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The American Civil War, which ripped the nation apart from 1861 through 1865, is known historically for its central "brother versus brother" conflict. But what about the sisters and mothers? Granted, there are a few books on the fairer sex’s role in the Civil War, and there’s also the story of Jennie Wade, a.k.a. the massive Battle of Gettysburg’s only direct civilian casualty. But there were obviously more than just few women alive during those years—why haven’t more people told their stories?
First-time screenwriter Julia Hart thought the same thing a few years back. After teaching high school English for eight years, Hart decided to follow in her father James Hart’s footsteps and start writing screenplays; her dad penned the scripts for Hook (1991) and Bram Stoker's Dracula (1992), among other films. Hart’s big must-write idea hit her while she and her husband, film producer Jordan Horowitz, were on a trip together at their friend’s farmhouse in Georgia. After they'd consumed a bunch of moonshine one night, the homeowner told Hart and Horowitz about one of the big myths surrounding the property: as word has it, two Union soldiers' bodies were found buried on the grounds.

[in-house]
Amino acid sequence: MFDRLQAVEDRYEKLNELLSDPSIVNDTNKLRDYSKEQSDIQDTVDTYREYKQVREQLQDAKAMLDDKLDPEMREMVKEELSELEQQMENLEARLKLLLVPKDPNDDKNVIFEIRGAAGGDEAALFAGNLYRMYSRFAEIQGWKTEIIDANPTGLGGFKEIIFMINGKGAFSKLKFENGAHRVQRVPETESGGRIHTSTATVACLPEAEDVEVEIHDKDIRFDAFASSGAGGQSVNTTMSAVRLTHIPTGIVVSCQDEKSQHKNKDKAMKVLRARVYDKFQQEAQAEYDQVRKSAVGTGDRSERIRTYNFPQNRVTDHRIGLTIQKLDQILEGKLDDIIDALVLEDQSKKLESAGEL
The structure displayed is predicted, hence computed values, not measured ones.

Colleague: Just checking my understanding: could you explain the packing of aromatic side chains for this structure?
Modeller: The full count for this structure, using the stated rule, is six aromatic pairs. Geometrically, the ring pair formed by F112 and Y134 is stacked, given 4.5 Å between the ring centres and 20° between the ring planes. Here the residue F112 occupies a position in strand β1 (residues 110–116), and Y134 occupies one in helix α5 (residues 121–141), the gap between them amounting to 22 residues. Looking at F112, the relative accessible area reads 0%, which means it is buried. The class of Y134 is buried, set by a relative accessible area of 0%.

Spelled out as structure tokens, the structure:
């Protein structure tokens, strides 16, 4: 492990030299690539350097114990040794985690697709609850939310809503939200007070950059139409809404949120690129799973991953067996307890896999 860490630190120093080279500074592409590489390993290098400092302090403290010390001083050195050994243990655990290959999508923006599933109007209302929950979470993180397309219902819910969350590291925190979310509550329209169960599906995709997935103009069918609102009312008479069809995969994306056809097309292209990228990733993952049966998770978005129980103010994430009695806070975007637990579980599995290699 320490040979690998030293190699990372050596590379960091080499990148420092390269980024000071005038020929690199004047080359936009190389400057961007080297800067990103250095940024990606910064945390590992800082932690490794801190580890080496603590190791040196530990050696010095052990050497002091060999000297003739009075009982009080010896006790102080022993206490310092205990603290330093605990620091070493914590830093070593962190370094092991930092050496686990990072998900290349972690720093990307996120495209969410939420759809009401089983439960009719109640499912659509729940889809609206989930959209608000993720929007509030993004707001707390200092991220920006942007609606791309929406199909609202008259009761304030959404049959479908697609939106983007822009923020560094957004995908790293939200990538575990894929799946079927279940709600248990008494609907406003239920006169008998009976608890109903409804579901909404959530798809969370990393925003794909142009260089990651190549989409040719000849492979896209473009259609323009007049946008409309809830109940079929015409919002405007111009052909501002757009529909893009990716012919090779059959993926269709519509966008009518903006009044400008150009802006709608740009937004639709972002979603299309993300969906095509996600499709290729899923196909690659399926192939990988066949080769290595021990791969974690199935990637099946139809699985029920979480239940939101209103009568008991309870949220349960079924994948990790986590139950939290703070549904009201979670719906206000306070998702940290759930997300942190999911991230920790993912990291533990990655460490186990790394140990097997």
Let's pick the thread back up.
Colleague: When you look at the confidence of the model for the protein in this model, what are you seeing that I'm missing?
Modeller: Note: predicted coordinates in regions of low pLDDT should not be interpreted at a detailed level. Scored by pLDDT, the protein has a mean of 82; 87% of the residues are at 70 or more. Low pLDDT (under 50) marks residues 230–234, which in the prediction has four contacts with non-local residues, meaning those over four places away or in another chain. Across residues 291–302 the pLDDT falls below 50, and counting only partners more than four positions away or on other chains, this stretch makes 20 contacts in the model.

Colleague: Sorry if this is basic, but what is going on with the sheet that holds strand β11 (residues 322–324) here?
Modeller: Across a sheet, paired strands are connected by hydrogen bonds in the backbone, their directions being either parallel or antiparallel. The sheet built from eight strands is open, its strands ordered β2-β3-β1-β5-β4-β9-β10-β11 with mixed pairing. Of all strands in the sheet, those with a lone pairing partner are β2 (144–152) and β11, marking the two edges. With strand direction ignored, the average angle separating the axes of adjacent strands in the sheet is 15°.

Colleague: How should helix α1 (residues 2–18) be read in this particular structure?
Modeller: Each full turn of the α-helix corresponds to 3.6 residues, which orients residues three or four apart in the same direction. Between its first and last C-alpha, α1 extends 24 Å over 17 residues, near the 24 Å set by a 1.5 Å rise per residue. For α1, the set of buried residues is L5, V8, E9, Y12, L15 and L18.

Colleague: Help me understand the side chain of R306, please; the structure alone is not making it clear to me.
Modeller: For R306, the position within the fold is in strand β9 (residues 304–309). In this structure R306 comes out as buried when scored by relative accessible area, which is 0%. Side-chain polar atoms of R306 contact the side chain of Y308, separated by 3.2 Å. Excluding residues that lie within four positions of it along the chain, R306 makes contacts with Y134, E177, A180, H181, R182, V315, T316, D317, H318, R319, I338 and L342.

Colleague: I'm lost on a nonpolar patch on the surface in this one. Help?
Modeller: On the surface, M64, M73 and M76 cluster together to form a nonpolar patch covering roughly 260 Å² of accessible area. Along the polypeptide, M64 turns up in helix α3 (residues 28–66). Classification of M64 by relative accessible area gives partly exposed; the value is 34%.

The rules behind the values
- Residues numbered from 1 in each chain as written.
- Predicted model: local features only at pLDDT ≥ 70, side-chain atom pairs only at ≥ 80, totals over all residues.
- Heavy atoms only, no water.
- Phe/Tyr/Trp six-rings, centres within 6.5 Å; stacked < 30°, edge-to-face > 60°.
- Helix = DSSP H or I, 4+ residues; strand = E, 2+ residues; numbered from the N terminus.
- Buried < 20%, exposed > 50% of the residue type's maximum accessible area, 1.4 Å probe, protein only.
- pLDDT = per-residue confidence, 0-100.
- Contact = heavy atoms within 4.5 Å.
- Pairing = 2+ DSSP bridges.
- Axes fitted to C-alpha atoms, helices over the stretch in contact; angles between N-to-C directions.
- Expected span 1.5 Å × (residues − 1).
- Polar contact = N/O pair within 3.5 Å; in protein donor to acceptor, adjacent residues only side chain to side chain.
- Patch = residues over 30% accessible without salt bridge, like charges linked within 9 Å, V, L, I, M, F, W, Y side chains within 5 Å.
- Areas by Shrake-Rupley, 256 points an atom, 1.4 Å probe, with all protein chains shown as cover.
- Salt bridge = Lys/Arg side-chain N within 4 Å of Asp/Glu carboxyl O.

Hart couldn’t stop thinking about the how's and why's of that. "I was fascinated by how those men would have ended up there, and who would have put them there," says Hart, 33. "And that led to me thinking about how it could have been done by the women who were at the house at the time."